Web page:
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Nonprofits Adopting a For-Profit Model

Resource type: News

The New York Times |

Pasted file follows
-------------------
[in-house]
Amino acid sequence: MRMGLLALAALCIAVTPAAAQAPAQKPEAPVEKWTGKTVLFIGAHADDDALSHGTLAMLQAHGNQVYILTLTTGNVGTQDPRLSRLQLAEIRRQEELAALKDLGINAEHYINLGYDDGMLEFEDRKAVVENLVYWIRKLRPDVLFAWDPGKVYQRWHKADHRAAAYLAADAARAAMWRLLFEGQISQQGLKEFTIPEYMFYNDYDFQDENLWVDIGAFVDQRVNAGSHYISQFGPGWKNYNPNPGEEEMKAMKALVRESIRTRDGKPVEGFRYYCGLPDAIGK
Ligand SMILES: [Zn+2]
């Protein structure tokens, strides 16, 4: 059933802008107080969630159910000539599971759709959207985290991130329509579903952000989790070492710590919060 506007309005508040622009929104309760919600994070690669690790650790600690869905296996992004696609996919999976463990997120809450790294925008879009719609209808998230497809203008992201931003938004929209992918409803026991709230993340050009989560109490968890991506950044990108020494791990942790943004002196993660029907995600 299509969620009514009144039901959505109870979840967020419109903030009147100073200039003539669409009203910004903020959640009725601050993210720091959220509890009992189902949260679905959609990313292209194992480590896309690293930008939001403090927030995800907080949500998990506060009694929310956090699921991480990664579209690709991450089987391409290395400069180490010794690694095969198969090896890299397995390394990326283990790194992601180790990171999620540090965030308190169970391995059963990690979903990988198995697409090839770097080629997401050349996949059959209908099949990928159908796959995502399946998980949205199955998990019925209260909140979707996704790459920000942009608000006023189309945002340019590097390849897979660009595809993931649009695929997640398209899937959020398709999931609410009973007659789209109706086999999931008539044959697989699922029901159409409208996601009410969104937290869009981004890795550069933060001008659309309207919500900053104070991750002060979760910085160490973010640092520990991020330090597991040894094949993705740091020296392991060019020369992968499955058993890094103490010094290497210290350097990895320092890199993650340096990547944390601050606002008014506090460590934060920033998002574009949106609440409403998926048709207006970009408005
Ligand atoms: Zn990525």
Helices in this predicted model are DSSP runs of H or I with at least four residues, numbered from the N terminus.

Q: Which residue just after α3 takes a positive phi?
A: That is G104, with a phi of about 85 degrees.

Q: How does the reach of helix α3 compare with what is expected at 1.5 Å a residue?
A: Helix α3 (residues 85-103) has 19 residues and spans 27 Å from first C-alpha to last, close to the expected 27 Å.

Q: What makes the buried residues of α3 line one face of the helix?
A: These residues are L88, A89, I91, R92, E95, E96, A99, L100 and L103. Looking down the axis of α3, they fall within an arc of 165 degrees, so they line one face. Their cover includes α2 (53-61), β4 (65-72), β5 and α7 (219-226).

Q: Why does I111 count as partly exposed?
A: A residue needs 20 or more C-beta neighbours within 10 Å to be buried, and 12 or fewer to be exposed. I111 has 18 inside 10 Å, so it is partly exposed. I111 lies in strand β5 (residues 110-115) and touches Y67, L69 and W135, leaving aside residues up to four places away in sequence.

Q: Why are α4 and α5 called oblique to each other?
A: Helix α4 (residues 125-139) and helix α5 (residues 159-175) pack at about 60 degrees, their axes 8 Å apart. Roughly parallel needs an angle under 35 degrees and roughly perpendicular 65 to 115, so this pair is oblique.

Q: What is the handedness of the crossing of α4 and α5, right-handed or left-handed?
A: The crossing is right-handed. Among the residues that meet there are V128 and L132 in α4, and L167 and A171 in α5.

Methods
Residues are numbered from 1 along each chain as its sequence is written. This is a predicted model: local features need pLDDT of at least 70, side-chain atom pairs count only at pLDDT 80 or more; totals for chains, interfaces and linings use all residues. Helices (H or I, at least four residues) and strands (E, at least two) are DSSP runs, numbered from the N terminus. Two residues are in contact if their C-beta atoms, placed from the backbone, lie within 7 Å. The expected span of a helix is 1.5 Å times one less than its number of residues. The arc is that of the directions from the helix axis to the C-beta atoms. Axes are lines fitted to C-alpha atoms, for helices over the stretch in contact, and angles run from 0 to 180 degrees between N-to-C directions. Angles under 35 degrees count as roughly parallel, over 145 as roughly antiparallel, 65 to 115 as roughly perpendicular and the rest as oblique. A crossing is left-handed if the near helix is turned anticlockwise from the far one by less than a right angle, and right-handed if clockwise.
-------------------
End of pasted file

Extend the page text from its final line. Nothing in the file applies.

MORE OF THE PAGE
By MILLIE MUNSHI NEW YORK — Dan Cardinali is running his nonprofit organization like a business. Communities In Schools, a national dropout prevent program, went through a painful process last year similar to a cooperate reorganization that included program cuts and layoffs. Working with a consulting firm, Cardinali’s organization spent seven months redefining the roles of its local, state, and national offices, changing its management team and tightening its business model. “We were intent on becoming a really well-run nonprofit organization, balancing an efficiency of resources with high, substantial impact,” Cardinali said. The same type of transformation at the Crohn’s & Colitis Foundation of America led to new executive positions including chief technology officer and director of pharmaceutical relations. “We changed the dynamics of the organization,” said Rodger DeRose, president and CEO of the New York-based foundation. “In general, there’s a shift in the culture of nonprofits that’s much more focused on the fundamentals of business.” Motivated in part by an uncertain economy, nonprofit organizations have become more results-driven by developing new ways of creating revenue, increasing employee specialization, and enhancing marketing techniques. Changing the way an organization is run to increase efficiency and impact, a process known as capacity building, is one of the biggest trends in nonprofits, said Margaret O’Donnell, director of the American Humanics Nonprofit Certification Program. “Organizations are interested in beefing up,” O’Donnell said. “They’ve been looking at capacity building for two or three years, but it’s really coming to a head now.” Jan Lennon, a director of the Wisconsin Breast Cancer Showhouse in Milwaukee, said that in the past year, her organization has been more focused on leadership training and development for its board members. The way it recruits volunteers has changed. It now looks for people with specific corporate skills that can be applied to the organization’s nonprofit work. For example, two women who work with advertising agencies have volunteered to help the organization with publicity. “There’s a trend to turn your focus from where you are putting your work to what you are actually achieving,” said Alan Tuck, a partner at the nonprofit consulting firm Bridgespan Group that worked with Alexandra, Va.-based Communities In Schools. “That’s definitely something that has more of a business feel, the way businesses measure profits. Of course, social impact is much harder to define.” Some of the changes are also due to the fact that nonprofits have been under greater scrutiny in recent years after questions were raised about the portion of donations that goes to fundraisers or telemarketers. Donors want to know their money will be put to good use. Harry Leibowitz, founder of World of Children, a group that honors work done for children’s issues based in Columbus, Ohio, said his organization has had to carefully plan its marketing and solicit corporate donors with business proposals that detail the benefits of giving and how the money can be used. Organizations have learned they also need a different marketing approach with individual people, who often want something in return, such as the brightly colored bracelets that have become popular since a yellow one was first worn by cyclist Lance Armstrong to help raise funds for cancer organizations. Clothes with logos, ribbons and bumper stickers are also popular products sold by nonprofits. “This isn’t something totally new — think about Girl Scout cookies,” said Bob Long, vice president of programming at the W.K. Kellogg foundation. “It’s just that there’s a new surge of interest.” At the Leukemia & Lymphoma Society in White Plains, N.Y., items including polo shirts and calendars will soon be available at the organization’s e-commerce store to increase revenue and to help the organization advertise itself, said Richard Geswell, executive vice president of revenue and marketing. DeRose of the Crohn’s & Colitis Foundation said his organization is also selling bracelets. Since the foundation began adopting a business approach to its operations, revenue has increased dramatically, growing 30 percent in the 2005 fiscal year that ended June 30, DeRose said. Since Communities In Schools restructured, revenue has increased 45 percent. The transformation caught the attention of others in the nonprofit community — Cardinali said that in the past year 10 to 12 colleagues from other organizations have asked for advice. “It’s the smartest thing we ever did,” Cardinali said. Consultant Tuck said the number of nonprofits seeking help for their business models has grown since Bridgespan was founded in 2000. He expects that growth to continue as organizations feel pressure to keep up with the changing practices of the industry. “It’s not something that’s going to be an immediate flip,” Tuck said. “But we believe that more organizations are going that way.”

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